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Red Line Reopening: 'Almost Perfect'

By Casey Cora | October 18, 2013 8:20am
 An "L" train operator makes a stop at the Cermak/Chinatowon stop during a test run of the CTA's Red Line South run, which has been under construction since May.
An "L" train operator makes a stop at the Cermak/Chinatowon stop during a test run of the CTA's Red Line South run, which has been under construction since May.
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CHICAGO — After five months, the $425 million rehabilitation of the Red Line South wraps up this weekend, and transportation experts, commuters and CTA leaders said the massive public works project couldn’t have gone any smoother.

Joseph Schwieterman, a transportation professor at DePaul University, said the Red Line's location — in the middle of the Dan Ryan Expressway with nearly parallel Green Line stops — simplified the massive project.

“It was almost perfect to be rebuilt. There aren’t pedestrians around and none of it’s under in a subway, really. And we’re incredibly lucky that there are convenient Green Line stops at strategic locations,” he said.

  Elected officials and media rode trains Thursday morning after a five-month closure of the line.
South Side CTA Red Line Unveiled
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The Red Line South branch, which runs from the Chinatown/Cermak stop to the end of the line at 95th Street, will reopen to the public at 4 a.m. Sunday.

CTA leaders initially took some heat for deciding to shut down the route entirely, rather than maintaining some form of limited service, during the five-month project.

Schwieterman, who heads DePaul's Chaddick Institute for Metropolitan Development, said the choice — which CTA leaders said saved $75 million — may represent the “new reality” for rail repair projects because of citywide budget crunches.

"I think the CTA doesn’t have as many options as it used to. The financial situation is so severe that they had little choice but to pursue the shutdown option," he said.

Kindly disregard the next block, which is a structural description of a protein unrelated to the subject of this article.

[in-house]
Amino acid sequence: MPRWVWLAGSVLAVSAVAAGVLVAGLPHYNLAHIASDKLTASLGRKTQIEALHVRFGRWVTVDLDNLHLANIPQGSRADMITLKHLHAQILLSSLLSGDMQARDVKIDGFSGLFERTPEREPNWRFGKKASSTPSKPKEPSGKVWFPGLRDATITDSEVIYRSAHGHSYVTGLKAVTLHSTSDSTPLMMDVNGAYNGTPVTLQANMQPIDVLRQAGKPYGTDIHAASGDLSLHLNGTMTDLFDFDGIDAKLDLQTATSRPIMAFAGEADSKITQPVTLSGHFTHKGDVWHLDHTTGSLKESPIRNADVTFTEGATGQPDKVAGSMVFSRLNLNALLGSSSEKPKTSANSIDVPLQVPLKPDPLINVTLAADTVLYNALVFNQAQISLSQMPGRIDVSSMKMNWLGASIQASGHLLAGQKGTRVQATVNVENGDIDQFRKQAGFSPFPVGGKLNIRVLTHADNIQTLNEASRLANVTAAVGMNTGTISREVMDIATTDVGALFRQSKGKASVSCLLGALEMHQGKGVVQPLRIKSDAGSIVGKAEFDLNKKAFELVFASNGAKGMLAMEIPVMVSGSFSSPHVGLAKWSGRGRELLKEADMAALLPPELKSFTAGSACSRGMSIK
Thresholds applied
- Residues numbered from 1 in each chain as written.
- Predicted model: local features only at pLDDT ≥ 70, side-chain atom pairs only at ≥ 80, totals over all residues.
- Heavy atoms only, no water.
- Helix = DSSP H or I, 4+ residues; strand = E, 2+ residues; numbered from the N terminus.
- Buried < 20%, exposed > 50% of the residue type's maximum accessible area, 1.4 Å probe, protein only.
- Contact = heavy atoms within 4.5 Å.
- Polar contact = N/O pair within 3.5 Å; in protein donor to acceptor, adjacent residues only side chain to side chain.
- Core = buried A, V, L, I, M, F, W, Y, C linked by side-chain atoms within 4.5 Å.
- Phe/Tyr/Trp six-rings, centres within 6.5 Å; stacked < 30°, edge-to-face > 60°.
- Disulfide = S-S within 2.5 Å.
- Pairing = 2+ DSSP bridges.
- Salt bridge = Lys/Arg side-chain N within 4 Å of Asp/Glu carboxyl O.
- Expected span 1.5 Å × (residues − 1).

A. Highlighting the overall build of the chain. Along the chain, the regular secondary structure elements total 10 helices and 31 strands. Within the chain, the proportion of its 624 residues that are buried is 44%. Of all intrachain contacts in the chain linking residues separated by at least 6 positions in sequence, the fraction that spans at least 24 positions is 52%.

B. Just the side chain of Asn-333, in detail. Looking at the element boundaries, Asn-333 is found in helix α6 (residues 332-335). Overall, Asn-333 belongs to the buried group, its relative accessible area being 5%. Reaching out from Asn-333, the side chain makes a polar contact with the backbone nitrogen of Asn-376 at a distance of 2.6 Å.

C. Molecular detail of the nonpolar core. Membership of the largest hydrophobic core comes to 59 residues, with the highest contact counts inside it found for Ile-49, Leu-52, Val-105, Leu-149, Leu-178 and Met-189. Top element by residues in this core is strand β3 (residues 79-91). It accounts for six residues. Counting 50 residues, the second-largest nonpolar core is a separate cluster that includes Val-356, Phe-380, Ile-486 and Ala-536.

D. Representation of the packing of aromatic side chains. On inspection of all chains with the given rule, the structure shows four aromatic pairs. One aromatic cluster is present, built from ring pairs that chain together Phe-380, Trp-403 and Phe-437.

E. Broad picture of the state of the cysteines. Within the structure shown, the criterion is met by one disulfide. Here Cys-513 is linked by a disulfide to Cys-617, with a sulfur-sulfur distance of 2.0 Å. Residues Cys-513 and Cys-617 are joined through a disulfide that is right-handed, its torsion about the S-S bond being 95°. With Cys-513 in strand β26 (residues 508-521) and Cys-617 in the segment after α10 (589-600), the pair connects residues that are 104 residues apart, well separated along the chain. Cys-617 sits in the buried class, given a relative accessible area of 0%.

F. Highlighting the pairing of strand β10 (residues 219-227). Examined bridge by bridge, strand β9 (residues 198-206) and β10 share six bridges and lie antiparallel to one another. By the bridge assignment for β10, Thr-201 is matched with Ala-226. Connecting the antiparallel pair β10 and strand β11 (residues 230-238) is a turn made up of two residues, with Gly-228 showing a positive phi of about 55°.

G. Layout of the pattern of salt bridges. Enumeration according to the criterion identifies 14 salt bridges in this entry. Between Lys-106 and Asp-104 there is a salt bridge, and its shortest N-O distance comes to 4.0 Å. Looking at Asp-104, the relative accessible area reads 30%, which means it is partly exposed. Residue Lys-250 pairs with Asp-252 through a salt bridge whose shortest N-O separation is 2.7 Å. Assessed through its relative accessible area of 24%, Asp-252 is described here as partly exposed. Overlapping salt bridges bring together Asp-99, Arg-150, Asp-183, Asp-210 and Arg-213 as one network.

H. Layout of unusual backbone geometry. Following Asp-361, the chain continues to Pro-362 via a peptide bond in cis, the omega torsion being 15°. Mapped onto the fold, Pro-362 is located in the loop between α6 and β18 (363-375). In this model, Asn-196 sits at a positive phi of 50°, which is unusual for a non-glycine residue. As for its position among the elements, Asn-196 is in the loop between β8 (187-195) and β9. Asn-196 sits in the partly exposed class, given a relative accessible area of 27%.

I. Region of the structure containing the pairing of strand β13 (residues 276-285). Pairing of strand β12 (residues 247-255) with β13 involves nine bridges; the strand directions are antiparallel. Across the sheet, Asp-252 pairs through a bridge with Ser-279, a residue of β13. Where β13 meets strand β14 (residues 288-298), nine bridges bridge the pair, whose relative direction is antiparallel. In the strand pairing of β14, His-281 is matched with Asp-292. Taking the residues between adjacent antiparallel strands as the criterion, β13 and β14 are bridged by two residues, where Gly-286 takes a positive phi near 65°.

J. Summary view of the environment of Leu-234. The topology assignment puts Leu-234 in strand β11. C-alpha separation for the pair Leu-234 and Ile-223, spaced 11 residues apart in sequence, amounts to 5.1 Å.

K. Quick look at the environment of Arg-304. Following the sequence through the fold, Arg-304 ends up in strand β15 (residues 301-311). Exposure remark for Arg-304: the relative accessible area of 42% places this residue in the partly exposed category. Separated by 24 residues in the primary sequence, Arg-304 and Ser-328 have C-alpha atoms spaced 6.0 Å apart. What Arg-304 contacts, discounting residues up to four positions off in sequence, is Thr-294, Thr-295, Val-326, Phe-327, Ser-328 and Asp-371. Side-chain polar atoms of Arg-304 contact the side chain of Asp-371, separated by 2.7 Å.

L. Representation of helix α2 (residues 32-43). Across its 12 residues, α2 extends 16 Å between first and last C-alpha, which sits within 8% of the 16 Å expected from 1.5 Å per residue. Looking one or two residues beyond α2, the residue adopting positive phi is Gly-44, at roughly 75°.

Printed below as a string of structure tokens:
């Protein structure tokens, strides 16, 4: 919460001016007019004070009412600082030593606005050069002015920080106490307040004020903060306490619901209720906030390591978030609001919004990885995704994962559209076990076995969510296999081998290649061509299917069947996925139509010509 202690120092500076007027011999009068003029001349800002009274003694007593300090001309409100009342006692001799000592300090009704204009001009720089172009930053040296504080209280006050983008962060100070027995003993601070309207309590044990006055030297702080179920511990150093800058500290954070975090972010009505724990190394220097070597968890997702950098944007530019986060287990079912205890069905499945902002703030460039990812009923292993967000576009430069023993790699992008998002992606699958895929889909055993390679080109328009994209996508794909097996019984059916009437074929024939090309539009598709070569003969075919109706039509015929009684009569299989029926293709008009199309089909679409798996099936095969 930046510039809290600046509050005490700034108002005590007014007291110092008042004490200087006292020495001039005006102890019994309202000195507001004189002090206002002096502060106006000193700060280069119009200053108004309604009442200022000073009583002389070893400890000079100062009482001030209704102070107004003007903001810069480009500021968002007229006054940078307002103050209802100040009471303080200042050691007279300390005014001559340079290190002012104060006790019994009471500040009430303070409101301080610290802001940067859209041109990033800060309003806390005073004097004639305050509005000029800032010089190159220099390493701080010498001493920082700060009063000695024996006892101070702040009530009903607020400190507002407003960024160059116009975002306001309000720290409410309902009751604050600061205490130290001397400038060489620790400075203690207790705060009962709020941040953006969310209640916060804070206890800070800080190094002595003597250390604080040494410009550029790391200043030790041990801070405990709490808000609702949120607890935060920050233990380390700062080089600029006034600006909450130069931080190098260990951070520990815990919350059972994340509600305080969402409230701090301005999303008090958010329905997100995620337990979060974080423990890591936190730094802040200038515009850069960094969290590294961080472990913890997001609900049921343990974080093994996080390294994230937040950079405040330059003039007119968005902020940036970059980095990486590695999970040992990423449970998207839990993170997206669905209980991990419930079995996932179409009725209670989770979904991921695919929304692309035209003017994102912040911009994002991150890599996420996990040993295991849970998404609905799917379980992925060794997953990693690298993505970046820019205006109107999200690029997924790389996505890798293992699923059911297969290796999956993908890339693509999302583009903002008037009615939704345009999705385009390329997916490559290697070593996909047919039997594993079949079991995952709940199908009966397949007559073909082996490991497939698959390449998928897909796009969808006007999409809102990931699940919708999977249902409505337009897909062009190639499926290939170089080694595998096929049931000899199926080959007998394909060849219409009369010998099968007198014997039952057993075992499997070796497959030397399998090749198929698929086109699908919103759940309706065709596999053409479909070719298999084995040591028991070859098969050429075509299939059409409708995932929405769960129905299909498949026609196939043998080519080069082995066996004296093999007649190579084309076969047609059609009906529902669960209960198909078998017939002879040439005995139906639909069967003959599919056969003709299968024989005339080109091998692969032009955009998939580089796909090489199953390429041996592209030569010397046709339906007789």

About 10 miles of train tracks from the Chinatown/Cermak stop all the way south to 95th have been replaced, with construction workers sprucing up all eight stations along the way.

The station upgrades include new electrical work, fresh paint and the installation of train-tracking screens. New wheelchair-accessible elevators have been installed at the stations at Garfield Boulevard, 63rd Street and 87th Street.

The new tracks are expected to provide riders with a smoother and quicker ride — the CTA said it will shave 20 minutes off the round-trip from 95th to the Loop.

While Democratic politicians including Mayor Rahm Emanuel, Gov. Pat Quinn and U.S. Sen. Dick Durbin boasted Thursday that quicker travel times will pave the way for new economic growth on the South Side, the Red Line South’s middle-of-the-expressway configuration can make for “awkward” attempts at transit-oriented development, Schwieterman said.

“You’ve got this incredibly wide highway and there’s noise at the station and unattractive development patterns along the corridor. You’re not going to have luxury condos popping up near the stations,” he said.

Areas that could benefit are neighborhoods like Chatham and Roseland near the route’s far south end, where plans are underway to construct $240 million transit terminal at the 95th Street Station, scheduled for completion in 2016.

"I think as you get down to 87th and 95th, there is a particular promise for those neighborhoods to get a shot in the arm," Schwieterman said.

Free Rides End

During the reconstruction effort, the CTA offered free rides to and from shuttered Far South Side Red Line stations to the Green Line Garfield "L" stop and temporary bus depots.

At the 79th Street shuttle depot this week, commuters were already mourning the loss of what’s become their new routine.

“I like how it is now — straight shot,” said James Elmore, 50, a Washington Park resident who used the shuttles to travel southward to his job as a night-shift maintenance technician for a bus company.

Michele Moore, 36, has a much longer ride.

The Truman College student has been boarding the shuttles at 79th Street since the construction began, riding them up to the Garfield station then boarding an "L" train to ride all the way to the North Side campus.

“Back and forth, every day. Right now there are no stops [from 79th] until [Garfield] and I think that’s way more convenient,” she said.

Businesses React

In Chinatown, the five-month project meant visitors had one less way to get to the tourist-heavy neighborhood's "L" stop.

The scarce street parking and neighborhood paid lots were "packed" on the summer weekends, business leaders say, but they're now breathing a sigh of relief as the project comes to a close.

"With the Red Line Chinatown Station opening this weekend, I think more visitors will come knowing that there is direct access to Chinatown," said Sharyne Tu, associate director of the Chinatown Chamber of Commerce.

Over at U.S. Cellular Field, located a short walk from the Red Line 35th Street stop, the White Sox front office said the renovations "will make [our fans'] trip more efficient moving forward."